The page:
The livestock sector poses severe pressure on the environment via the emissions of pollutants to air, water and soil, and via the use of scarce resources. This chapter elaborates on the role of life cycle assessment (LCA) to reduce environmental impacts of the pig and poultry sector, with special emphasis on the production of feed. First, the four phases of an LCA are described. Differences between attributional and consequential LCA, and variability in methods to account for land use change are discussed. It is concluded that harmonisation of methods and high quality inventory data are needed to improve interpretation of LCA results in the livestock sector. Second, the role of LCA in animal nutrition is discussed. Improving the production efficiency of crops and animals has been a major focus for reducing environmental impacts of livestock production. LCA implicitly combines information regarding crop and animal productivity, and creates understanding about the interaction between processes, and the impact of the entire production chain. Current applications of LCA are mainly attributional; results create understanding concerning the current situation, such as the environmental impact of a certain diet. To evaluate the impact of improvement options, consequential LCA is required. If a feed company increases its use of by-products, for example, the consequences of a decrease in availability of that by-product for other applications, such as biofuel production, need to be taken into account. A potential shortcoming of LCA is that is does not address the competition for resources between humans and animals, which occurs at a higher aggregation level. To determine an environmentally sustainable human diet, or to address the role of livestock in (global) food security, LCA needs to be combined with other modelling techniques that address environmental impacts of dietary choices at the national or international level.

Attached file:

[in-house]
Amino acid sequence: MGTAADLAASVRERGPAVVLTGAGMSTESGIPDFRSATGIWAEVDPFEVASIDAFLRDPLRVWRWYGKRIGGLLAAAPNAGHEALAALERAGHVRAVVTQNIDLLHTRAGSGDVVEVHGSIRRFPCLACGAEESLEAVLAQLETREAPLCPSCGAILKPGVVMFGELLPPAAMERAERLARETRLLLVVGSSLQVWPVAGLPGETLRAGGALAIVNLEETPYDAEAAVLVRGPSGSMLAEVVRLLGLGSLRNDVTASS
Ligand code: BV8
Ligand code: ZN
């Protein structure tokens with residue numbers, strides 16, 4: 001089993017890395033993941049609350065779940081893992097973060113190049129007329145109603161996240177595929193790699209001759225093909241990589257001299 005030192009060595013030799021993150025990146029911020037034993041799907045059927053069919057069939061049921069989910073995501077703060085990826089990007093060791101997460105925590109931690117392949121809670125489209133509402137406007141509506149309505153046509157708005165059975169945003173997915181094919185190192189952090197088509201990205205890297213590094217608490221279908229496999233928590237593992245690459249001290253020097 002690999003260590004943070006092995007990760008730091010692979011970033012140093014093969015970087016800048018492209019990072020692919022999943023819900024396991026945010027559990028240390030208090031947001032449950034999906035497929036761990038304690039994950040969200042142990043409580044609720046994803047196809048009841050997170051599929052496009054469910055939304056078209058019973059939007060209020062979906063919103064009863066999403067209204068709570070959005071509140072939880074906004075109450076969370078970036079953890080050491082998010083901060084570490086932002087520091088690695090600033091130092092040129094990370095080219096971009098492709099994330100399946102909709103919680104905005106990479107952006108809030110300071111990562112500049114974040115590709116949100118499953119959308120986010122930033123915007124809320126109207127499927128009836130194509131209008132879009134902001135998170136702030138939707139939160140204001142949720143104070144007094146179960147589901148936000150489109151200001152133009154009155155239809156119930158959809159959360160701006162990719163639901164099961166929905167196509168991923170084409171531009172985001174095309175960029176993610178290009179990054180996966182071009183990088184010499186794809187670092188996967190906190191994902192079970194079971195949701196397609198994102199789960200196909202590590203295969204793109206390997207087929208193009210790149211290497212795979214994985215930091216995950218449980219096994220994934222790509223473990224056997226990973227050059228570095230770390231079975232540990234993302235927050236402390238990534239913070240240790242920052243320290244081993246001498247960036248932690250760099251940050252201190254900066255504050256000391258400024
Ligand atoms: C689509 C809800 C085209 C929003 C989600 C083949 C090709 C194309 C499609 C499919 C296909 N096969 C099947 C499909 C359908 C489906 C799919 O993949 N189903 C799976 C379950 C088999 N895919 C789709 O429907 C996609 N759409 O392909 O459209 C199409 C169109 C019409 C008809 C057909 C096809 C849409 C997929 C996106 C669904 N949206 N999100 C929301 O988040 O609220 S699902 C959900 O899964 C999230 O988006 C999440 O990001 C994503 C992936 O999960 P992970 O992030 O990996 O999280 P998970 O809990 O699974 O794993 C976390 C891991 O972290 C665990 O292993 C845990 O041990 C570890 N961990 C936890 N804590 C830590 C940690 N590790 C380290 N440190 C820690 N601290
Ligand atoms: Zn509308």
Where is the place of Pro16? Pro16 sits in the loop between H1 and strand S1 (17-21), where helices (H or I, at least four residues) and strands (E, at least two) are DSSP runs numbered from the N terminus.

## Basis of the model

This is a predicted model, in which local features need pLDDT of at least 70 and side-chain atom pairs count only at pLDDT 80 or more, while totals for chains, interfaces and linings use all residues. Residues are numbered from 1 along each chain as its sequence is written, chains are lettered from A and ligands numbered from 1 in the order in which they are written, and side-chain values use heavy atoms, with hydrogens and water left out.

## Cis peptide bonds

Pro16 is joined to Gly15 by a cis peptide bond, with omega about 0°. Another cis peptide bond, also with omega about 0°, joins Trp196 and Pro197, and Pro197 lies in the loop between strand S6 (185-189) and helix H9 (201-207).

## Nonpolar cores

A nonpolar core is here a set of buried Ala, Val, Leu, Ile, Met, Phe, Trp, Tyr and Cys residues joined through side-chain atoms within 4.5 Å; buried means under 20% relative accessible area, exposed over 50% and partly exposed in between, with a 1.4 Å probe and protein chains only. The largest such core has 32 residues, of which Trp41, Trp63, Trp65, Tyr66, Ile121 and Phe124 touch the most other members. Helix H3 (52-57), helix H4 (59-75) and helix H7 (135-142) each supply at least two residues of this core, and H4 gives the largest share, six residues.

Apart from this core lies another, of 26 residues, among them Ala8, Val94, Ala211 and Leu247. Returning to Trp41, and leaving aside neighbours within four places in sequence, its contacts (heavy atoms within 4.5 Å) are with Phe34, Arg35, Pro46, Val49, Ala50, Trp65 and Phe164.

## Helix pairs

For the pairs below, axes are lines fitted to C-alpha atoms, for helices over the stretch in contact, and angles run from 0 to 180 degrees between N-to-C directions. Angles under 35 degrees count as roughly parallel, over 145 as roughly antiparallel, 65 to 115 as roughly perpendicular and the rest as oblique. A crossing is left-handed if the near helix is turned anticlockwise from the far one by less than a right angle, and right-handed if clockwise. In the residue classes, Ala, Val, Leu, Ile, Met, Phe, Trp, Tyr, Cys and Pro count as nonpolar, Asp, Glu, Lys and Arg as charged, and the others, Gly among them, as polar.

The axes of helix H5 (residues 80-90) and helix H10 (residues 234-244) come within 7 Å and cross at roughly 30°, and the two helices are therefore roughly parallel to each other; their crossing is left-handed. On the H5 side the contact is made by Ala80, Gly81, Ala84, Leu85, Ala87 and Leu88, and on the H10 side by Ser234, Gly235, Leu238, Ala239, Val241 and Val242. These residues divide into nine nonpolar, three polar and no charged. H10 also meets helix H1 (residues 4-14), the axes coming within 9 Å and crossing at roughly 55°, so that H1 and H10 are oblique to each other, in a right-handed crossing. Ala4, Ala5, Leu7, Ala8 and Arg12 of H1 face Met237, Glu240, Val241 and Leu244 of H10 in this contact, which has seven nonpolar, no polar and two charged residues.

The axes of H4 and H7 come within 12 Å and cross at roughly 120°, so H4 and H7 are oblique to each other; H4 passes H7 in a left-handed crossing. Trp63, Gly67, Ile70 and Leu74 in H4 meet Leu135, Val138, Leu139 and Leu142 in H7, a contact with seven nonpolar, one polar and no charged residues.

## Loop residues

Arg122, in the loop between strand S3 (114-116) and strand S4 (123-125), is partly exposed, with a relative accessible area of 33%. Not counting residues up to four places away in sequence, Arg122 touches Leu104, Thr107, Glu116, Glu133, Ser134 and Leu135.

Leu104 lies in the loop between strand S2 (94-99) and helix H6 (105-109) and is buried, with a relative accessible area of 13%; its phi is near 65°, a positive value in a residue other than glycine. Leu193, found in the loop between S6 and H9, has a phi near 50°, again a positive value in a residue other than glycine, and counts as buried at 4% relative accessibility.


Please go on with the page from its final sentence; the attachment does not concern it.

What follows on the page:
Animal nutrition and immunity in pigs and poultry
    Bouwens, M. ; Savelkoul, Huub - \ 2019
    In: Poultry and pig nutrition / Hendriks, Wouter H., Verstegen, Martin W.A., Babinszky, László, Wageningen Academic Publishers (Poultry and pig nutrition ) - ISBN 9789086863334 - p. 105 - 127.
    The current level of intensity of modern pig and poultry production systems and the continuously increasing production efficiency requires an optimum development and functioning of the immune system. Sub-optimal development will result in increased use of antibiotics, increased welfare related problems, increased costs and a decrease in production efficiency. A better understanding of the developing immune system and the influence that husbandry conditions, including feed practices, during gestation and just after birth have on the developing immune system can lead to systems that produce more resilient animals, with increased immune competence that are better able to cope with their environmental challenges. A better understanding of the common mucosal immune system in the gut and airways and the way this is influenced by feeding strategies, is therefore implicated. Novel interdisciplinary research programs, integrating fields like animal nutrition, mucosal immunology, transgenerational development of immune competence, and husbandry conditions are, therefore, urgently needed. This contribution highlights some of these recent developments in these fields.
    Poultry and pig nutrition: challenges of the 21st century
    Hendriks, Wouter H. ; Verstegen, Martin W.A. ; Babinszky, László - \ 2019
    Wageningen : Wageningen Academic Publishers - ISBN 9789086863334 - 428
    Impacts of climate change on animal production and quality of animal food products
    Babinszky, L. ; Halas, V. ; Verstegen, M.W.A. - \ 2011
    In: Climate Change - Socioeconomic effects / Blanco, J, Kheradmand, H, InTech - ISBN 9789533074115 - p. 165 - 190.